Sean Middleditch elanthis at awesomeplay.com
Fri Mar 4 21:06:17 EET 2005

On Fri, 2005-03-04 at 13:07 -0500, Avery Pennarun wrote:
> On Fri, Mar 04, 2005 at 10:40:14AM -0500, Sean Middleditch wrote:
> > Does this hypothetical configuration system REALLY need to be designed
> > to handle early boot up or anything like that?  Is that perhaps just a
> > tad bit of over-engineering for a DESKTOP configuration system?  Does
> > early bootup even NEED a new configuration system?  Do the early bootup
> > guys WANT a new configuration system?  The target of the new
> > configuration system is desktop apps, so there's not a whole lot to gain
> > by worrying but applications outside your target application set.
> You're arguing against something that is no work.  The only unusual

The below are definitely things that involve a lot of work.  ;-)

> requirements for an early boot config system are:
>  - doesn't require a daemon

This requires that the library be capable of accessing the config store.
This means that developing the library is harder, the library is bigger,
and that the library requires more maintenance.  It can also adversely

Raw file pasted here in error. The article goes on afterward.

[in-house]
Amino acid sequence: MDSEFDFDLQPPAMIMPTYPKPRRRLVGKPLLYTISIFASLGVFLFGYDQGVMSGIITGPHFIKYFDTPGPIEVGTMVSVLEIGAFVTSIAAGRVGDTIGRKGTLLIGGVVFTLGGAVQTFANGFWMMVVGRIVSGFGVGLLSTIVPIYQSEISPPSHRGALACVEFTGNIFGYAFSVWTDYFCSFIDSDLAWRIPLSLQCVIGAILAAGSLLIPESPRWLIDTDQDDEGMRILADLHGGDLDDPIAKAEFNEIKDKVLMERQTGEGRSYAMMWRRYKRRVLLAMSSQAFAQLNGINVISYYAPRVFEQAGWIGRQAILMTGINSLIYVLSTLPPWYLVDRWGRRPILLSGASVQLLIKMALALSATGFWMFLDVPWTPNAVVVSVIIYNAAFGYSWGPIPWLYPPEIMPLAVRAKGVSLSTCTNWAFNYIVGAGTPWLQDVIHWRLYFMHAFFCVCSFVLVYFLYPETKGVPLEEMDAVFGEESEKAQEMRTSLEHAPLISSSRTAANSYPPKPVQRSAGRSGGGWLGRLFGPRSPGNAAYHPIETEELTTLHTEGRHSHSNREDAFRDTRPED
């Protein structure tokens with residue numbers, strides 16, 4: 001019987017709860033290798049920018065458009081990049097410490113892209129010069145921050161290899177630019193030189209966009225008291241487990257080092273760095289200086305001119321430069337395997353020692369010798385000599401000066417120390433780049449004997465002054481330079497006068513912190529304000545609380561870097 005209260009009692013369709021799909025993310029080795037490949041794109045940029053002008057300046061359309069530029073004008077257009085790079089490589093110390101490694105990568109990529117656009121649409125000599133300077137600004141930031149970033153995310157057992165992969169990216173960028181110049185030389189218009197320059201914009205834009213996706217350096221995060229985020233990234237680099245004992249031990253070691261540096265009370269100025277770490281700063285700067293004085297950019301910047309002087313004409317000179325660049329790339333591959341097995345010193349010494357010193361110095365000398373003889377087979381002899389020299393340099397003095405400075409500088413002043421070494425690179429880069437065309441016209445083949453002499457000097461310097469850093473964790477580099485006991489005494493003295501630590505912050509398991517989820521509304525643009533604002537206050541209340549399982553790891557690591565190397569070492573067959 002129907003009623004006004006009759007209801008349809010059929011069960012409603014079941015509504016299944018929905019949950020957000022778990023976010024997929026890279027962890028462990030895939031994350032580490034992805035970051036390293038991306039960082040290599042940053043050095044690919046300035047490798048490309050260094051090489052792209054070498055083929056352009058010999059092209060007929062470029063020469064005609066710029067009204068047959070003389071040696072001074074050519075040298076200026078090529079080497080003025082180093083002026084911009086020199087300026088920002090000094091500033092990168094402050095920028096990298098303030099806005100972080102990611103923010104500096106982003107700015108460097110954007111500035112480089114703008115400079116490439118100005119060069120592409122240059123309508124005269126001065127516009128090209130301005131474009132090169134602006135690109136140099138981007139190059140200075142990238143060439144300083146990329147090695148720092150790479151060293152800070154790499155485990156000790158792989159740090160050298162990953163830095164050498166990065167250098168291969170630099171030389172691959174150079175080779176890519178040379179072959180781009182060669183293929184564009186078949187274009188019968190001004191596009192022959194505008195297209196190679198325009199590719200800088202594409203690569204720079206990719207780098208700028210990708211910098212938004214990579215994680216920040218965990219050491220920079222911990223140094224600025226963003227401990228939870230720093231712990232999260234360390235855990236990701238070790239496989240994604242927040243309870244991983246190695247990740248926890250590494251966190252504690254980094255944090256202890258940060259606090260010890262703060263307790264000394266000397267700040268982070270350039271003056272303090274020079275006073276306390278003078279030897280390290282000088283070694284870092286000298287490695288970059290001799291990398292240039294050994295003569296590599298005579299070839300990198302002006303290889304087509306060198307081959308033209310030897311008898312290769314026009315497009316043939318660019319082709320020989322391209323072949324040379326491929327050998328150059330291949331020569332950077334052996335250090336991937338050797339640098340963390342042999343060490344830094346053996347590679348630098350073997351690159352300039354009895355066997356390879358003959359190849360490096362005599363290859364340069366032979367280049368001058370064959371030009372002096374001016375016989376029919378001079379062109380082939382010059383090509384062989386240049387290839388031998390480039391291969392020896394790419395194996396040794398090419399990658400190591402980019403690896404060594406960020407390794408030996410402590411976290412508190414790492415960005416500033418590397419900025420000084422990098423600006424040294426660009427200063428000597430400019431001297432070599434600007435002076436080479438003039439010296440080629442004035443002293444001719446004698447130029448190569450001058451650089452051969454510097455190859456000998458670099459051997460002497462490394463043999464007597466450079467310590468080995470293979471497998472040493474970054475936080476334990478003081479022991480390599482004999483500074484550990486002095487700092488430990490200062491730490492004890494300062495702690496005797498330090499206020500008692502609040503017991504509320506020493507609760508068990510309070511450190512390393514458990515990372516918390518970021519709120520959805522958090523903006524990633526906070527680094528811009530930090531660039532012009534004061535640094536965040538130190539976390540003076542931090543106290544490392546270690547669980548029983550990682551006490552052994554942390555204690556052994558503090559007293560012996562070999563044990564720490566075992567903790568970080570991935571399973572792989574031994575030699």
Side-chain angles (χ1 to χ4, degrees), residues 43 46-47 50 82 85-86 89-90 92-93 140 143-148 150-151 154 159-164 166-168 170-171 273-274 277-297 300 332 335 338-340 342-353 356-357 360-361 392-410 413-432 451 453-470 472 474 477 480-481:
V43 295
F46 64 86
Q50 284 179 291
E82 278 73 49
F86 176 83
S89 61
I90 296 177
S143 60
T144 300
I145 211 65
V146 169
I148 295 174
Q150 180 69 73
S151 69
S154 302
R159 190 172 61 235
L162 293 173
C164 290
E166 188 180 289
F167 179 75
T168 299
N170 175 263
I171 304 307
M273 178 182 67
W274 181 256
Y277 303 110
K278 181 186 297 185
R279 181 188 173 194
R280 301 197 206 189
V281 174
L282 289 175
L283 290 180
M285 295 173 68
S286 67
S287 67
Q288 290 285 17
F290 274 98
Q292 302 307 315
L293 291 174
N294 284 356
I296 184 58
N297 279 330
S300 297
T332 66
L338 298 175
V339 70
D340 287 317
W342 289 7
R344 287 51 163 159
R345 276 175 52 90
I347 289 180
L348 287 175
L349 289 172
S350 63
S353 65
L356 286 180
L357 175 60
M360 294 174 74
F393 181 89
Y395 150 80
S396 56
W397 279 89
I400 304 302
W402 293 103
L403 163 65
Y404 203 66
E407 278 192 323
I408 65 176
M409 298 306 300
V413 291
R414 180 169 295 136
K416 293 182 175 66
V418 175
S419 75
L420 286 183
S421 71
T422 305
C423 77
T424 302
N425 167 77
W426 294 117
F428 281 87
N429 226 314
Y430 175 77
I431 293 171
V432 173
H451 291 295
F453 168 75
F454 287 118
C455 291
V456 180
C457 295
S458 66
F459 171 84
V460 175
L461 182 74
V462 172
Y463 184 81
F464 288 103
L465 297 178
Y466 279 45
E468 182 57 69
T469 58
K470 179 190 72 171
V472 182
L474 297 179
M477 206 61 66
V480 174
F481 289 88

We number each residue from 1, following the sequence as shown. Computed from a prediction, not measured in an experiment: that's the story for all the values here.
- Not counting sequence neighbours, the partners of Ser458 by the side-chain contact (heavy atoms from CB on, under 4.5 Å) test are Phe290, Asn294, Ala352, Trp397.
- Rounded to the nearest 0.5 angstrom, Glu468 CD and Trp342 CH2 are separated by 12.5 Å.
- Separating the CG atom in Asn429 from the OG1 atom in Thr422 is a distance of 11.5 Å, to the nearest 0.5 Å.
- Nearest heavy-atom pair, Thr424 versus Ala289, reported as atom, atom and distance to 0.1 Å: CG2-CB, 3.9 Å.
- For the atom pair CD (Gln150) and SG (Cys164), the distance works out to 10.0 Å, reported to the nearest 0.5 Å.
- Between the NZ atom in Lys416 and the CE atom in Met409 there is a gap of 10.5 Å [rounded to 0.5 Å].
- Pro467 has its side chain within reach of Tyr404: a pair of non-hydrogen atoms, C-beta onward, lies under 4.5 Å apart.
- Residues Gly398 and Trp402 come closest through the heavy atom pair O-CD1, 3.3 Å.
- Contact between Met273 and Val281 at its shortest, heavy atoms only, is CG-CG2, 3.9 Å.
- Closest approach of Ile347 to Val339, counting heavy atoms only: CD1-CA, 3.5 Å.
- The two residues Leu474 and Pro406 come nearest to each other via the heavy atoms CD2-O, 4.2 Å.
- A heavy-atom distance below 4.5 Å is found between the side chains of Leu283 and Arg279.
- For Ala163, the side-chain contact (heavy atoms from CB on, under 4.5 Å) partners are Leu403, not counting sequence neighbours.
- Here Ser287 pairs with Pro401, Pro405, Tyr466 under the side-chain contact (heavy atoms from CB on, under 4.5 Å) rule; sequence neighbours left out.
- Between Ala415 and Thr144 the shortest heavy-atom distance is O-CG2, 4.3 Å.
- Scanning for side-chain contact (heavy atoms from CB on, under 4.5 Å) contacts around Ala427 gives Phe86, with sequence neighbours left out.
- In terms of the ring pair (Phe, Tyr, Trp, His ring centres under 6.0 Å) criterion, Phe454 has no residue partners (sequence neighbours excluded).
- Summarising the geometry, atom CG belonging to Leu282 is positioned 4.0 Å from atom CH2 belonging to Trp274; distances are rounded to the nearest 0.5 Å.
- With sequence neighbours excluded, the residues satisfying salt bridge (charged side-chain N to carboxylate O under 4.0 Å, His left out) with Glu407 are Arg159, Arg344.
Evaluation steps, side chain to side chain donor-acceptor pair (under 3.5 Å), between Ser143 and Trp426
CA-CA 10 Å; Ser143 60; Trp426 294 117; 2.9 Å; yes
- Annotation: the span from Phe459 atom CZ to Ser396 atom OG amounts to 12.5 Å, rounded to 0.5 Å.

affect the API of the library, as it can no longer be a wrapper around a
simple message interface (i.e. D-BUS).  The same arguments that apply to
using threads/daemon in D-VFS (slow NFS shares, for example) apply here
as well.

>  - doesn't have a lot of weird dependencies because /usr might not be
>    mounted.

So, in order to make the library usable at early bootup, you'll
effectively force yourself to write lots of code that you could
otherwise just reuse from glib or the STL or whatever is appropriate?

The use cases, required features, expected behavior, and acceptable
limitations between a system used for early bootup configuration and
desktop configuration are completely different.  The kinds of APIs you
expect to have available are different; early bootup doesn't even need
to change configuration and wants a simple synchronous read method,
while desktop apps need to change configuration with rollback and
transactions and want notifications of changed configurations during
runtime.  These are completely different systems - there's no reason to
try to make one code-base do both.

Again - WHY do you want pluggable backends in the first place?  Just
because they CAN be done, and just because you can create a theoretical
person with a theoretical reason to maybe possibly want a different
backend, doesn't really help here.  What is an actual, concrete,
real-life use case for using a backend different than the default?  The
default backend should support every feature that the system is capable
of, should be stable and efficient enough for all needs, etc. - if it
isn't, the right solution is not to make the backends pluggable, but to
just fix the default to be good enough.
Sean Middleditch <elanthis at awesomeplay.com>

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